[W]hat I strongly suspect is the sort of shame you see in Mr. Falk’s is neither crazy, nor ignorant, nor shocking, once you think about it. We all want to be cowboys. More, we sometimes want leaders who push toward that imagined self, as opposed to our statistical self.
It would certainly explain the conservatism of regions where the percentage of income that derives from government benefits—which is up nationwide, going against upper-income taxation trends—tends to be higher. (Downstate, most counties are up above 20 percent.)
One thing to note about that wonderful map is that the only two government programs that increased consistently from 1969 to 2009 as a percentage of income were Medicare and Medicaid. For instance, Social Security increased from 3.4 percent in 1969 to 5.6 percent over that period, and there was one decade-over-decade drop. Medicare, on the other hand, increased every decade: from 0.9 percent in 1969 to 4.1 percent in 2009, the largest gainer of the various government benefits. Obviously, it’s a combination of increasing health-care costs and the aging of the population. And it’s probably the hardest thing to reduce spending on, because it cuts across classes… and because it involves mortality:
Without Medicare, Mr. Kopka said, the couple could not have paid for the treatments.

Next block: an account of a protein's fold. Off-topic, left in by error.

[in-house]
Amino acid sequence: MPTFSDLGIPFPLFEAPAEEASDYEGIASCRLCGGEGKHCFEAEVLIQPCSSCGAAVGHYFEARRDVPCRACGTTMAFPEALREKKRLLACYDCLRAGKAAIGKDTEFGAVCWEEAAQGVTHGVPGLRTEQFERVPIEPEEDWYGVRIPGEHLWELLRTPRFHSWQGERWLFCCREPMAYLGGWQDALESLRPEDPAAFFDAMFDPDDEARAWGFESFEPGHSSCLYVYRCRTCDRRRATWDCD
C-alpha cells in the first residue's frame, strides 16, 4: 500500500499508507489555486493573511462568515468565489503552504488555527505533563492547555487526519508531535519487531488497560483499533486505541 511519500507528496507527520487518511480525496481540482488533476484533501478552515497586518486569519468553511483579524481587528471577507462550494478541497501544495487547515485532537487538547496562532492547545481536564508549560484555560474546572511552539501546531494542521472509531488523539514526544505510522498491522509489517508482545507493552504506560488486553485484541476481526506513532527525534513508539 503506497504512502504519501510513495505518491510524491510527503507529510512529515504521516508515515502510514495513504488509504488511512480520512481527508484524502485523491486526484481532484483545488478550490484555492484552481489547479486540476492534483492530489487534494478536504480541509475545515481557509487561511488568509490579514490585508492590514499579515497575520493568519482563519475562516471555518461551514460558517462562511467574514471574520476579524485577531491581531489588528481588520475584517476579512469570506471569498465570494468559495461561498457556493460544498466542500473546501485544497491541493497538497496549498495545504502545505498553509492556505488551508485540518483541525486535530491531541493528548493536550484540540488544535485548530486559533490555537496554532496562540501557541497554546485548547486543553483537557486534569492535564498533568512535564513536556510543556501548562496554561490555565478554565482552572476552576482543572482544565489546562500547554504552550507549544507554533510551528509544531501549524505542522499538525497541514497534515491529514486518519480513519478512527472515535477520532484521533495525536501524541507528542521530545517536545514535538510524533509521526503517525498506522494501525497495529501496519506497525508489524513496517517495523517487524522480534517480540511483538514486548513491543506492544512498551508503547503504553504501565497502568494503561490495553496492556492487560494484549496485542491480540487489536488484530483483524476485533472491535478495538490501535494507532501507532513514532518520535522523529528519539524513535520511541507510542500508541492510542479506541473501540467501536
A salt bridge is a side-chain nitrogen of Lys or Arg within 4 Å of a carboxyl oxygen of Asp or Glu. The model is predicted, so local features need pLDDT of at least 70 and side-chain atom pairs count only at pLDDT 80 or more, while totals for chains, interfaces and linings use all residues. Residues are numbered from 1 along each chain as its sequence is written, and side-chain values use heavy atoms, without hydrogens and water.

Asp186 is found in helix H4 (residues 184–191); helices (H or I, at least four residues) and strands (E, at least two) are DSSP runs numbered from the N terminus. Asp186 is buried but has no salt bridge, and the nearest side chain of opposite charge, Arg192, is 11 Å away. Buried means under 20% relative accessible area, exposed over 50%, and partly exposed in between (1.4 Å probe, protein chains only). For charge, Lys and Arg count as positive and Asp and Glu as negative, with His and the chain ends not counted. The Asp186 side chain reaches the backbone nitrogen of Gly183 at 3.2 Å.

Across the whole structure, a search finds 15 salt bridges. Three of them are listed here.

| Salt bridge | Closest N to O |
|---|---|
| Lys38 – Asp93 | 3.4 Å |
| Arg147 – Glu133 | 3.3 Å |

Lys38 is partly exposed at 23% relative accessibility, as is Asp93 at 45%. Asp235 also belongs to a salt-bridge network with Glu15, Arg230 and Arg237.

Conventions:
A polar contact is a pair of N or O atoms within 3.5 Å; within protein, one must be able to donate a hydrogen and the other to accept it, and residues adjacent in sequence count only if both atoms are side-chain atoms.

“Hell, no,” he said. “No. Never. She would have to go blind.”
A two-earner couple each earning a wage of $43,000 that turned 65 in 2010 will have paid $116,000 in lifetime Medicare taxes. And they can expect to get $351,000 in benefits. A high-wage statistical-construct couple, with a combined income of $113,100, will get the same benefits, having paid in $149,000.
Well, it’s a problem insofar as everyone wants to cut back on government benefits, as noted above. But the fastest-growing benefit is the one that keeps people from dropping dead, so it’s really popular. And no one wants to raise taxes to pay for it. They want to raise taxes out of fairness, maybe, but not to pay for benefits. Unless they think that raising taxes is unfair. So you end up with a lot of dissonance:
She believes that she is taking more from the government than she paid in taxes. She worries about the consequences for her grandchildren. She said she would like politicians to propose solutions.
But she cannot imagine asking people to pay higher taxes. And as she considered making do with less, she started to cry.
She’s probably right that she’s taking more from the government than she paid in taxes, at least in terms of benefits (depending on her health). But she doesn’t want to raise taxes on anyone. And wants politicians to figure it out. And she’s not alone in this. And what we’re telling them to do, basically, is this:
They’re looking at a small corner of the budget, the 12.3 percent known as non-defense discretionary spending. The stuff that’s not Medicare, not Medicaid, not Social Security or the military. It’s the odds-and-ends, so to speak.
The budget ends up like the yard of a man who owns only a lawnmower: The grass is trim, but the trees are overgrown and the ivy is everywhere and the gazebo is falling apart. Yet we keep mowing, because that’s what we feel able to do.
This is where I start to feel sorry for the corrupt/feckless/incompetent/etc. politicians who we complain so bitterly about. Tending to both the imagined and real selves of their constituencies, at the same time, is bound to make a person two-faced.